SARS-CoV-2 hijacks p38β/MAPK11 to promote virus replication.

Higgins CA, Nilsson-Payant BE, Bonaventure B, Kurland AP, Ye C, Yaron TM, Johnson JL, Adhikary P, Golynker I, Panis M, Danziger O, Rosenberg BR, Cantley LC, Martínez-Sobrido L, tenOever B, Johnson JR.

10.1128/mbio.01007-23 22/06/2023

PMID: 37345956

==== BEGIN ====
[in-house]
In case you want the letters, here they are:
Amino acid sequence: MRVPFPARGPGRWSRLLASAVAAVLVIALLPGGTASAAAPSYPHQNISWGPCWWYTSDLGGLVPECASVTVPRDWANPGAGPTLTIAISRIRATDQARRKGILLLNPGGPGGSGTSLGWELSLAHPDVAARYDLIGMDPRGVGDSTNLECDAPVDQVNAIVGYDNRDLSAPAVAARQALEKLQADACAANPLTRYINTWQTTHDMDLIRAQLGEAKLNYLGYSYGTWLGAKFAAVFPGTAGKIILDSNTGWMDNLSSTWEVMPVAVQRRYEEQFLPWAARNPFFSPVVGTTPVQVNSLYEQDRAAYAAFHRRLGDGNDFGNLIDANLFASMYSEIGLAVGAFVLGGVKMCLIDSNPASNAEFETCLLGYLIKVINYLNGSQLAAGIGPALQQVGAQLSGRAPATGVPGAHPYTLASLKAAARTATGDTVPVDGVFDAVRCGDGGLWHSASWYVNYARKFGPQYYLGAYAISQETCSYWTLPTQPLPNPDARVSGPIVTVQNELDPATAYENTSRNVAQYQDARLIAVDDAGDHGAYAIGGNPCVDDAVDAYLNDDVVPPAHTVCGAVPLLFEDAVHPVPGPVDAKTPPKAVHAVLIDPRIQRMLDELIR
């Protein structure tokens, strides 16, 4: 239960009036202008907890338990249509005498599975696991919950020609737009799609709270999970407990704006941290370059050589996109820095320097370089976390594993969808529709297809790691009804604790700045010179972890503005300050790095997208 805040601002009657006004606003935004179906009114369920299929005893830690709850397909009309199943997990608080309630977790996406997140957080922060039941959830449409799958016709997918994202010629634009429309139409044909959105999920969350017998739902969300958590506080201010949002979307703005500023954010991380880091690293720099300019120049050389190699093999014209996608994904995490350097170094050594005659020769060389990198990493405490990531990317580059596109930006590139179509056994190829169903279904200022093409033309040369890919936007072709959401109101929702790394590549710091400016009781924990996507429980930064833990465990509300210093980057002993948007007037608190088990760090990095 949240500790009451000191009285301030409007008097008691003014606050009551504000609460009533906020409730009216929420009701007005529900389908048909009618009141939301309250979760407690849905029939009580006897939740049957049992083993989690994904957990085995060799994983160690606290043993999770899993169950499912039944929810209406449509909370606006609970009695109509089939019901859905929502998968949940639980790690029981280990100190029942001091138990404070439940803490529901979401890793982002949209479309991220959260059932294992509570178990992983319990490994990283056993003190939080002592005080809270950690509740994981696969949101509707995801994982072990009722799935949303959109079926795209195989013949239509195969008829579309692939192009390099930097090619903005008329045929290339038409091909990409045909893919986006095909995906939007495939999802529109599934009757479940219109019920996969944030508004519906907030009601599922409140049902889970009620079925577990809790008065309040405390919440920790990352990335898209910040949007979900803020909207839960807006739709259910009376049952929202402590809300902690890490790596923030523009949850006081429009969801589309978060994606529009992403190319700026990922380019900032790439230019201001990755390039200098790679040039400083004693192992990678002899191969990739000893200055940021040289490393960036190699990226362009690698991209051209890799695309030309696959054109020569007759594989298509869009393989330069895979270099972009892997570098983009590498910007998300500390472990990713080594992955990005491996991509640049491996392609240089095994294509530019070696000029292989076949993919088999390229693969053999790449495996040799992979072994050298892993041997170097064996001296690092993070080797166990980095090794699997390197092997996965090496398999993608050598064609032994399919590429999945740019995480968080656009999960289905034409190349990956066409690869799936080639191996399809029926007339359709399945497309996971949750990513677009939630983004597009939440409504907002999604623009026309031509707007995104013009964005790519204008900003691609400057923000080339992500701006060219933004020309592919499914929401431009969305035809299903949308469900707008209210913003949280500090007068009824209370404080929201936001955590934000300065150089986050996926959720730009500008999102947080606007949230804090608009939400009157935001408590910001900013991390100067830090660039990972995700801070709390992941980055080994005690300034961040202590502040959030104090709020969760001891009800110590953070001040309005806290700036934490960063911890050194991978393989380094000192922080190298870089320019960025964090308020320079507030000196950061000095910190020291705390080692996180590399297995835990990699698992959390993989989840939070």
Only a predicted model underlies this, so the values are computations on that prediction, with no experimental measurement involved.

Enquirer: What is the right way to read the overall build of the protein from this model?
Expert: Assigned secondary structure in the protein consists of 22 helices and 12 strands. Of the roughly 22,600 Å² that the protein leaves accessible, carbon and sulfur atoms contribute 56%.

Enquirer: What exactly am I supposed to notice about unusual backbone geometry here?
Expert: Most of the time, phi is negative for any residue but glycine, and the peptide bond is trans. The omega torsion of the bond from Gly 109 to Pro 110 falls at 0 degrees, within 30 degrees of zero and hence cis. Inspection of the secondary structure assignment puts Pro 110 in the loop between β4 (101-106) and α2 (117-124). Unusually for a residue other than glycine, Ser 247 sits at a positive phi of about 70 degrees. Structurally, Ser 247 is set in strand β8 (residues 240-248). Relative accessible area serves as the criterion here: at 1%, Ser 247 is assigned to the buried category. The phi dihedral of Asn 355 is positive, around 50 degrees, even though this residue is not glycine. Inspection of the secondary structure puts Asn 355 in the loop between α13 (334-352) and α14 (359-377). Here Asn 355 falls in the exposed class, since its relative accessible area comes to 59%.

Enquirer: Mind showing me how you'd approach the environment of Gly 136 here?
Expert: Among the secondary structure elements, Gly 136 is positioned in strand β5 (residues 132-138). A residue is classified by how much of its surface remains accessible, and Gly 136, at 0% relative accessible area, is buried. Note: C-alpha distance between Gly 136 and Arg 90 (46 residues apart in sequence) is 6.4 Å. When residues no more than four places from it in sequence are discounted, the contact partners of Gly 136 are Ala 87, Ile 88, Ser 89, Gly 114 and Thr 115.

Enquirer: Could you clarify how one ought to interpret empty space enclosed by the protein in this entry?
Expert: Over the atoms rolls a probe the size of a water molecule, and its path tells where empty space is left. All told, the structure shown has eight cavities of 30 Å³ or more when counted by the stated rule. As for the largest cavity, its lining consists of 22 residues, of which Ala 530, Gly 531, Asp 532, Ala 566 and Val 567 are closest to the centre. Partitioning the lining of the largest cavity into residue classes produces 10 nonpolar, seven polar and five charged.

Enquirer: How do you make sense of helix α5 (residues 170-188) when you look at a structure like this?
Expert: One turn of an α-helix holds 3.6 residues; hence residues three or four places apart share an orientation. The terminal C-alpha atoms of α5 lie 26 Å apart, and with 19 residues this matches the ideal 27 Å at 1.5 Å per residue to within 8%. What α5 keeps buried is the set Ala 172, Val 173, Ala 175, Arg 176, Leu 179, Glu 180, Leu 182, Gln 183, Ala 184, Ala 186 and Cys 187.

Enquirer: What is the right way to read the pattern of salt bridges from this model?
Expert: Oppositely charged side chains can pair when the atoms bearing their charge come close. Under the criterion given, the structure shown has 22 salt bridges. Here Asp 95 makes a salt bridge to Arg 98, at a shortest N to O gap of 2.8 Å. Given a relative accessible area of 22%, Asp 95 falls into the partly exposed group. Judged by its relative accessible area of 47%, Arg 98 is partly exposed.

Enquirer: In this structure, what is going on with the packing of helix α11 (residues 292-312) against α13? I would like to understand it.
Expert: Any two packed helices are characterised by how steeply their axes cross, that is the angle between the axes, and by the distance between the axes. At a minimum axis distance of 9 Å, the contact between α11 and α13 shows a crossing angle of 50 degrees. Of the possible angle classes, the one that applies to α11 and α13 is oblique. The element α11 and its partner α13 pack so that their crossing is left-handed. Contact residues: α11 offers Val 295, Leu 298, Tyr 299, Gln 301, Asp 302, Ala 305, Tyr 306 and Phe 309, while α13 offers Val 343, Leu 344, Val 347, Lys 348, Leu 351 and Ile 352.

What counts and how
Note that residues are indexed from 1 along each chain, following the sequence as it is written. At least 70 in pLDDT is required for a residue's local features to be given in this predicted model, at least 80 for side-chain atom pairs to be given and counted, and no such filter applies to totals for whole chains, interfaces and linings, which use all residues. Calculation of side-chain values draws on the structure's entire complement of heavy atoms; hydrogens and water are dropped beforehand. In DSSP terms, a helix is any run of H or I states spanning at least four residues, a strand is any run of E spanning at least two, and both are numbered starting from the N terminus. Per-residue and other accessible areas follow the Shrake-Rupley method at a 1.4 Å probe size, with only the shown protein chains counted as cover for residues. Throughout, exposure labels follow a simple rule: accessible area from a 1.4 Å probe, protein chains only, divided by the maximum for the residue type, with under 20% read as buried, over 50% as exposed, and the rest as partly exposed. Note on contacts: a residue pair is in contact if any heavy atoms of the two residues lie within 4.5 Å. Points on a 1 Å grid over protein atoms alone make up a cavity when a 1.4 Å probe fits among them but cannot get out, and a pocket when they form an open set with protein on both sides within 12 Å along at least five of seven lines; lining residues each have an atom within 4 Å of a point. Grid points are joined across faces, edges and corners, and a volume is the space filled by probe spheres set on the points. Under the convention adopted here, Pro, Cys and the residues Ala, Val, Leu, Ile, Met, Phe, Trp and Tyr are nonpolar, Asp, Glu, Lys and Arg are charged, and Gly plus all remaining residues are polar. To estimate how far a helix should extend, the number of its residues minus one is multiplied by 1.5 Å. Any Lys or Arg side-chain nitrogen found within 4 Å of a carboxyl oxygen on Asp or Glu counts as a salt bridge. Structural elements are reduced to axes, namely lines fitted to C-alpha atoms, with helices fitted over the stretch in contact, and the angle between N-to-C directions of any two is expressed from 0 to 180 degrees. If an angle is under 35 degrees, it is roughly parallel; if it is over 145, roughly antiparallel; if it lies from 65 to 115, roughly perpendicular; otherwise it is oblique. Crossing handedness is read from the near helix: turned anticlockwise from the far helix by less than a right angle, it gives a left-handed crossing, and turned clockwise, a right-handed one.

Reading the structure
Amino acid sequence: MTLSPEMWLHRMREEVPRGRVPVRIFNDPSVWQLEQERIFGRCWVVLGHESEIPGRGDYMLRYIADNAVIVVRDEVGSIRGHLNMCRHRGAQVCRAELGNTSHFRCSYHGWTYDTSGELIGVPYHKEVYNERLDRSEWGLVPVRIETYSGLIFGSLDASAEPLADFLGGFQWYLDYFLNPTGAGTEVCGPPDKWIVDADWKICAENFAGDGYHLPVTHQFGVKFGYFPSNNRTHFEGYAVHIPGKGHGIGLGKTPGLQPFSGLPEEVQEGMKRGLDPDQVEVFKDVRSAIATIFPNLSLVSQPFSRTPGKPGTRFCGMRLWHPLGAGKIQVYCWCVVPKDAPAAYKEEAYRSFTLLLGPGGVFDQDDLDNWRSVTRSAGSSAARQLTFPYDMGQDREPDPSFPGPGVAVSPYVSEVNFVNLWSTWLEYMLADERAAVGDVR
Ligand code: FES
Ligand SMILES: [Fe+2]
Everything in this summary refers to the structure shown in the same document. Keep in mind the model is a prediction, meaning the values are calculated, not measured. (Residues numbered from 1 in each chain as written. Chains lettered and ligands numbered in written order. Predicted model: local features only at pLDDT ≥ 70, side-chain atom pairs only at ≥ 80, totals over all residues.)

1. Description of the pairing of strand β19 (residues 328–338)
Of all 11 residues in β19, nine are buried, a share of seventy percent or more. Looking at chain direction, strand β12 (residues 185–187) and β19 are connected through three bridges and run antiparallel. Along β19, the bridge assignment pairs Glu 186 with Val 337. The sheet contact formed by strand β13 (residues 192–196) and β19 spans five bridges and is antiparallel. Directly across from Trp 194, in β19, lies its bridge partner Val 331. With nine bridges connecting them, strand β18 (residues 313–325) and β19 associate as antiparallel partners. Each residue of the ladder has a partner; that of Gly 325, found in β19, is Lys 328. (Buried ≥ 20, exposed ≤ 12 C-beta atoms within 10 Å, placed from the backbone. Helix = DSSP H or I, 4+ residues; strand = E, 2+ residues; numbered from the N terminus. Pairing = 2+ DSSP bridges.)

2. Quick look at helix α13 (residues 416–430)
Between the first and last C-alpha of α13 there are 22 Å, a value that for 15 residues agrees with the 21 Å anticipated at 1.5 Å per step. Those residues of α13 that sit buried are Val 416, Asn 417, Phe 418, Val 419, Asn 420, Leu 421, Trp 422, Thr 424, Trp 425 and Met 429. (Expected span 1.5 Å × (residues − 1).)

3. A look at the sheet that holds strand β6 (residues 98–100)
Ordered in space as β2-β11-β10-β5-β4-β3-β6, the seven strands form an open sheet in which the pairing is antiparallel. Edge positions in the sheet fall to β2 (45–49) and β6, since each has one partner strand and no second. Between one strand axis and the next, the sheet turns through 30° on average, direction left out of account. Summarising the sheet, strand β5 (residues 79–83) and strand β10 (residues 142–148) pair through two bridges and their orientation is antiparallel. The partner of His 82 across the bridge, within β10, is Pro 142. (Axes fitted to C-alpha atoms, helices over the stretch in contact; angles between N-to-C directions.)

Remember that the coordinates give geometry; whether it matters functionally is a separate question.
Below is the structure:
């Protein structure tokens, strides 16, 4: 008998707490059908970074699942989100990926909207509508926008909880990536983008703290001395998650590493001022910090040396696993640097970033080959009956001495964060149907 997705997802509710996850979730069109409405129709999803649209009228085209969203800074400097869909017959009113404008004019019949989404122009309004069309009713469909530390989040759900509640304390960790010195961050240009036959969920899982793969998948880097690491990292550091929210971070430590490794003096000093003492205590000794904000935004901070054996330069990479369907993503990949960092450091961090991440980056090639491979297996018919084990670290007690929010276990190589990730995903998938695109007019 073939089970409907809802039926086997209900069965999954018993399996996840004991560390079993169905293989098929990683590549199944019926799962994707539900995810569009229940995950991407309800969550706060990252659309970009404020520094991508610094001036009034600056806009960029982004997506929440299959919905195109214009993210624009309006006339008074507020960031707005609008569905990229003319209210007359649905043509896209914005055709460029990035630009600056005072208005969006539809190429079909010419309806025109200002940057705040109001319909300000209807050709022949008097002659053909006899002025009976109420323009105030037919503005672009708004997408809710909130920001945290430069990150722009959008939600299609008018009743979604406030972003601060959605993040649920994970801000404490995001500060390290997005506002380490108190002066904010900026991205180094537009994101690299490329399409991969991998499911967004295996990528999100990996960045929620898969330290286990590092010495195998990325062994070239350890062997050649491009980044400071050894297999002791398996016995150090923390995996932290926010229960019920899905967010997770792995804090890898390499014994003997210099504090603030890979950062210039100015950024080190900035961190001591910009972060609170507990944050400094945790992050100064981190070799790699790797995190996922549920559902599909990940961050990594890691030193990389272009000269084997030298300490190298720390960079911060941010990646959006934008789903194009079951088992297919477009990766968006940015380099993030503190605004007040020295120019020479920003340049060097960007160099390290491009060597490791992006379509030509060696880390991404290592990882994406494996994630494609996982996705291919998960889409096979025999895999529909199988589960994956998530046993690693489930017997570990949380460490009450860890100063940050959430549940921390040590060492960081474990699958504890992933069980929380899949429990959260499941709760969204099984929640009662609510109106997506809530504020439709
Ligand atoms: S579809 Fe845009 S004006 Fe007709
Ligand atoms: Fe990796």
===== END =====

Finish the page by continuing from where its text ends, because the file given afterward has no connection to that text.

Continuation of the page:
Severe acute respiratory syndrome coronavirus 2 (SARS-CoV-2), the causative agent of the coronavirus disease 2019 (COVID-19) pandemic, drastically modifies infected cells to optimize virus replication. One such modification is the activation of the host p38 mitogen-activated protein kinase (MAPK) pathway, which plays a major role in inflammatory cytokine production, a hallmark of severe COVID-19. We previously demonstrated that inhibition of p38/MAPK activity in SARS-CoV-2-infected cells reduced both cytokine production and viral replication. Here, we combined quantitative genetic screening, genomics, proteomics, and phosphoproteomics to better understand mechanisms underlying the dependence of SARS-CoV-2 on the p38 pathway. We found that p38β is a critical host factor for SARS-CoV-2 replication in multiple relevant cell lines and that it functions at a step after viral mRNA expression. We identified putative host and viral p38β substrates in the context of SARS-CoV-2 infection and found that most host substrates have intrinsic antiviral activities. Taken together, this study reveals a unique proviral function for p38β and supports exploring p38β inhibitor development as a strategy toward creating a new class of COVID-19 therapies. IMPORTANCE SARS-CoV-2 is the causative agent of the COVID-19 pandemic that has claimed millions of lives since its emergence in 2019. SARS-CoV-2 infection of human cells requires the activity of several cellular pathways for successful replication. One such pathway, the p38 MAPK pathway, is required for virus replication and disease pathogenesis. Here, we applied systems biology approaches to understand how MAPK pathways benefit SARS-CoV-2 replication to inform the development of novel COVID-19 drug therapies.